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During his time on the NASCAR scene, Dale Earnhardt Jr. has experienced some incredible highs and awful lows. In regards to the former category, the driver accumulated plenty of success as both a driver and an owner; on the opposite side of the spectrum, the tragic death of Dale Earnhardt Sr. still speaks for itself.

Beyond all of those memories, though, one specific moment remains in Dale Earnhardt Jr.’s memory. Out of all his successes and failures in the world of motorsports, he still holds onto an uncomfortable family-related regret.

Dale Earnhardt Jr. was a popular and successful NASCAR driver

As the son of a NASCAR legend, Dale Earnhardt Jr. didn’t have a problem winning over motorsports fans. He wasn’t merely popular, though; he was pretty talented behind the wheel, too.

While following in his father’s footsteps was never the plan, Junior eventually realized that racing was in his blood. He attended Andy Hillenburg’s driving school and, after graduation, started out on the short track circuit. He eventually made the jump to the Busch Series in 1996 and, within two years, he debuted in the Winston Cup Series.

Although Earnhardt Jr. never quite achieved the same level of dominance as his famous father, he still did pretty well for himself as a professional driver. Junior won 50 races across the Cup Series and what’s now known as the Xfinity Series, won two Daytona 500s, and was named NASCAR’s Most Popular Driver 15 times. When push comes to shove, that resume is nothing to sneeze at.

That career helped Junior strike it rich

In theory, most professional athletes are in it for the love of the game more than anything else. While that might be true, Dale Earnhardt Jr. still earned a nice chunk of change along the way.

Even though he never claimed a Cup Series title, Junior’s popularity still gave him plenty of earning power on the NASCAR circuit. “Earnhardt only finished in the top three of Nascar’s year-end standings once during his career, but his popularity with sponsors and fans helped him earn more than $400 million from salary, endorsements, and his share of race winnings and licensing,” Forbes explained in 2017. Many of his endorsements, as you’d imagine, were with massive brands like Chevrolet and Wrangler.

While Earnhardt Jr. doesn’t drive much these days, he should still have a decent amount of money rolling in. He’s a co-owner of JR Motorsports, is part of NBC’s NASCAR coverage, and has his own media company; that, combined with his on-track success, has helped Junior build up a net worth somewhere in the neighborhood of $300 million.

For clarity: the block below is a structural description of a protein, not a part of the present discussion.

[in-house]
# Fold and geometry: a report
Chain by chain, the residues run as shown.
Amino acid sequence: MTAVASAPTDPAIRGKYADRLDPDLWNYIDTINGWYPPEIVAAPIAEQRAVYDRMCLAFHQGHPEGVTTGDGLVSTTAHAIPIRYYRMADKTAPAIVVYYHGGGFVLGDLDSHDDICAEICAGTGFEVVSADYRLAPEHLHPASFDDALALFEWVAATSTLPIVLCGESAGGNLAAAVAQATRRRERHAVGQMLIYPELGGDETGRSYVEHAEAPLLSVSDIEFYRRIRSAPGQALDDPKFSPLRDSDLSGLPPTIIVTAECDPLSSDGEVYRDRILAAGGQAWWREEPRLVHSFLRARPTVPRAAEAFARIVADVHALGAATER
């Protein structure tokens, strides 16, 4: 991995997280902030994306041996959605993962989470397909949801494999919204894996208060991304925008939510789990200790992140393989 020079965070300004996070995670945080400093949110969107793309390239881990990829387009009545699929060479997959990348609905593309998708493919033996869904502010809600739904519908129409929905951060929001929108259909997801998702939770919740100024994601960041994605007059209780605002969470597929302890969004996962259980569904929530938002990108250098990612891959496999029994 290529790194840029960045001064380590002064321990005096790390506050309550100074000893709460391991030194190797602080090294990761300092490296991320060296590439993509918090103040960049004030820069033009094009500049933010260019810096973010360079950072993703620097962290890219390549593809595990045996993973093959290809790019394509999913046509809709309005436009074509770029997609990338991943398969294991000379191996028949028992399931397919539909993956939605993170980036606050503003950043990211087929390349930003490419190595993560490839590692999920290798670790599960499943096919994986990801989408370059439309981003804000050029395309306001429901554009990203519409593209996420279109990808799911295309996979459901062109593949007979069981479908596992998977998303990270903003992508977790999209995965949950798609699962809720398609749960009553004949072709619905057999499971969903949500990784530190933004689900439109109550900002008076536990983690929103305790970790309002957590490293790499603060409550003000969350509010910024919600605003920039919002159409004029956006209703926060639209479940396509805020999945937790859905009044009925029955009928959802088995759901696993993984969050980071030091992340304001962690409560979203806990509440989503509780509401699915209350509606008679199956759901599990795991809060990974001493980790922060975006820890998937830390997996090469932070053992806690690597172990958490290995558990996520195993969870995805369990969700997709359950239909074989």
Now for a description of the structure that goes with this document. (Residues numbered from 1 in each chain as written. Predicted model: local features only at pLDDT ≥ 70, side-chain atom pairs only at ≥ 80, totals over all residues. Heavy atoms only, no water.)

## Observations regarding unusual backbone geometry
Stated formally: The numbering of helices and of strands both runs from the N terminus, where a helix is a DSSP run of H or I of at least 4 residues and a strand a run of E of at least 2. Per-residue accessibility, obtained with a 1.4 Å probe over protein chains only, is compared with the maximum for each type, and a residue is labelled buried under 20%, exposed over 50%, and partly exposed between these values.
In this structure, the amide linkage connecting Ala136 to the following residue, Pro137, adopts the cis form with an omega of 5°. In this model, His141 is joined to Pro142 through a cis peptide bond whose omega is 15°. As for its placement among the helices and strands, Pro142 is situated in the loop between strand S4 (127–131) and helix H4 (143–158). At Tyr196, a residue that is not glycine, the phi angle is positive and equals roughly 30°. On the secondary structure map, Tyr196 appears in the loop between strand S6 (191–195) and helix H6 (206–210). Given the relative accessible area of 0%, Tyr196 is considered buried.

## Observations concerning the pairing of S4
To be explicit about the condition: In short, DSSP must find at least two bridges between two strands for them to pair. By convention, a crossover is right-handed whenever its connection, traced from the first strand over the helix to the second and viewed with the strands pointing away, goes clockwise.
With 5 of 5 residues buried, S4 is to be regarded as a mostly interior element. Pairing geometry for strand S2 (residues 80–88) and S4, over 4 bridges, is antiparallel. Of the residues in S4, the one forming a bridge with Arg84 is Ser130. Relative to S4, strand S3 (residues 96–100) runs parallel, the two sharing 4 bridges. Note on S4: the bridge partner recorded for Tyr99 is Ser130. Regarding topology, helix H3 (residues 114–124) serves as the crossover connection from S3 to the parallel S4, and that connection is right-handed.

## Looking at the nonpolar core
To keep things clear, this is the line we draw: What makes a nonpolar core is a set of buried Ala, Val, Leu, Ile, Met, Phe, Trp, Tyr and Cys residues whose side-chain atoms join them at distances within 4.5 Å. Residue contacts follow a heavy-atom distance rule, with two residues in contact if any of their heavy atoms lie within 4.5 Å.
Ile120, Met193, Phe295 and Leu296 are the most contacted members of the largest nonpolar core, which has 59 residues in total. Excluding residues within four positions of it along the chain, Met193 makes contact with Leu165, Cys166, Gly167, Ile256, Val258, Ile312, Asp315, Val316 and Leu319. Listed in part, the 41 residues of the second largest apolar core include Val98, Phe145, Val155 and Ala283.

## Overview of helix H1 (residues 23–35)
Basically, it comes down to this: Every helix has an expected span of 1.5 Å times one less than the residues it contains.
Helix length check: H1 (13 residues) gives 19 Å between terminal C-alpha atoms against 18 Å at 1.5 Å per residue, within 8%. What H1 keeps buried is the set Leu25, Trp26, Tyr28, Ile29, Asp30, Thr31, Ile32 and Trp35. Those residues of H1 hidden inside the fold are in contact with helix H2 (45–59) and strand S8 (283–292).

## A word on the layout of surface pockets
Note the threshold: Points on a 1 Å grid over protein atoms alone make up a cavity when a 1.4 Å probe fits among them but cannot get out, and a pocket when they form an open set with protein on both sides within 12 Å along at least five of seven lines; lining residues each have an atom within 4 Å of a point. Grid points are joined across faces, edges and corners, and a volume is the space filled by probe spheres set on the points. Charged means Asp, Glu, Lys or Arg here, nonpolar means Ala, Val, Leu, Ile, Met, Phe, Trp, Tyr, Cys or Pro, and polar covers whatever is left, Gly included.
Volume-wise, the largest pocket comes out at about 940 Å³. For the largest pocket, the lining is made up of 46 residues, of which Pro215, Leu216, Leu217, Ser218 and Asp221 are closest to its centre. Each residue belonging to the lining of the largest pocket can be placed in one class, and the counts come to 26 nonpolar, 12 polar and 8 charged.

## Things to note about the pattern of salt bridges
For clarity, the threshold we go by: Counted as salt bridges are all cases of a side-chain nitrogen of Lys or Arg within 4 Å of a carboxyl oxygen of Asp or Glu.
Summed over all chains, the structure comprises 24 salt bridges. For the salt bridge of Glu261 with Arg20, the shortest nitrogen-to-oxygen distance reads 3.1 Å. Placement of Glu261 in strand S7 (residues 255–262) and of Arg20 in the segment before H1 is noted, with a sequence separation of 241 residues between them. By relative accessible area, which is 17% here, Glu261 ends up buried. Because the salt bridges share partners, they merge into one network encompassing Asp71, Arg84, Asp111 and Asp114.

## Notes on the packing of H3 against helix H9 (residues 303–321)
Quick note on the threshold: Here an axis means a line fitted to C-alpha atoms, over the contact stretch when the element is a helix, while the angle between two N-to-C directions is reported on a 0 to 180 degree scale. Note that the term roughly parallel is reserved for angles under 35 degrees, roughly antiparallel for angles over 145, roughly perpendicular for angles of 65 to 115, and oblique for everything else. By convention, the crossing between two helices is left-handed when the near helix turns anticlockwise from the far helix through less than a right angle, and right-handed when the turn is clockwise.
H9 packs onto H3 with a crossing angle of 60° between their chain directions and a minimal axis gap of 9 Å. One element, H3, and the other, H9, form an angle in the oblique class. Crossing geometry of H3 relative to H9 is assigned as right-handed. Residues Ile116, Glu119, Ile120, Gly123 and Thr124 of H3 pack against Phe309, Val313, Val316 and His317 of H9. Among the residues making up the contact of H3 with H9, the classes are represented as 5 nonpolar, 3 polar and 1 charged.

Dale Earnhardt Jr. came to regret his split with Tony Eury Sr.


Dale Earnhardt Jr. Once Got Fired From His Dad’s Car Dealership

During his time behind the wheel, Dale Earnhardt Jr. had plenty of success. Despite that reality, he still had a painful regret heading into his final days as a driver.

In the lead-up to his 2017 retirement, Junior got the chance to look back on his career. One decision—parting ways with his uncle and crew chief Tony Eury Sr.—unfortunately stood out for the wrong reasons.

“I regret that,” Earnhardt Jr. explained, according to Chelsea Howard of the Sporting News. “That’s probably my biggest [regret] in motorsports as a driver, was that decision because it did nothing and it made our relationship a challenge to repair. Like I say, we’d won a lot of races together and he had been a big reason why I even got in the XFINITY car, to begin with. He was my biggest supporter and we had won so many races together. I don’t know what …. I got confused there a while thinking that I knew better than anyone else what was best for me.”

For the record, Junior won six races during the 2004 campaign with Eury Sr. as his crew chief; when the season ended, though, Eury Sr. was promoted to team manager, with Peter Rondeau stepping in as Dale Jr.’s crew chief. That new duo only won one race during the entire 2005 campaign, and it took Junior some time to regain his lost form.

Would Dale Earnhardt Jr. have had an even more successful career if he and Tony Eury Sr. stuck together? At this point, that question is nothing but a regrettable ‘what if?’.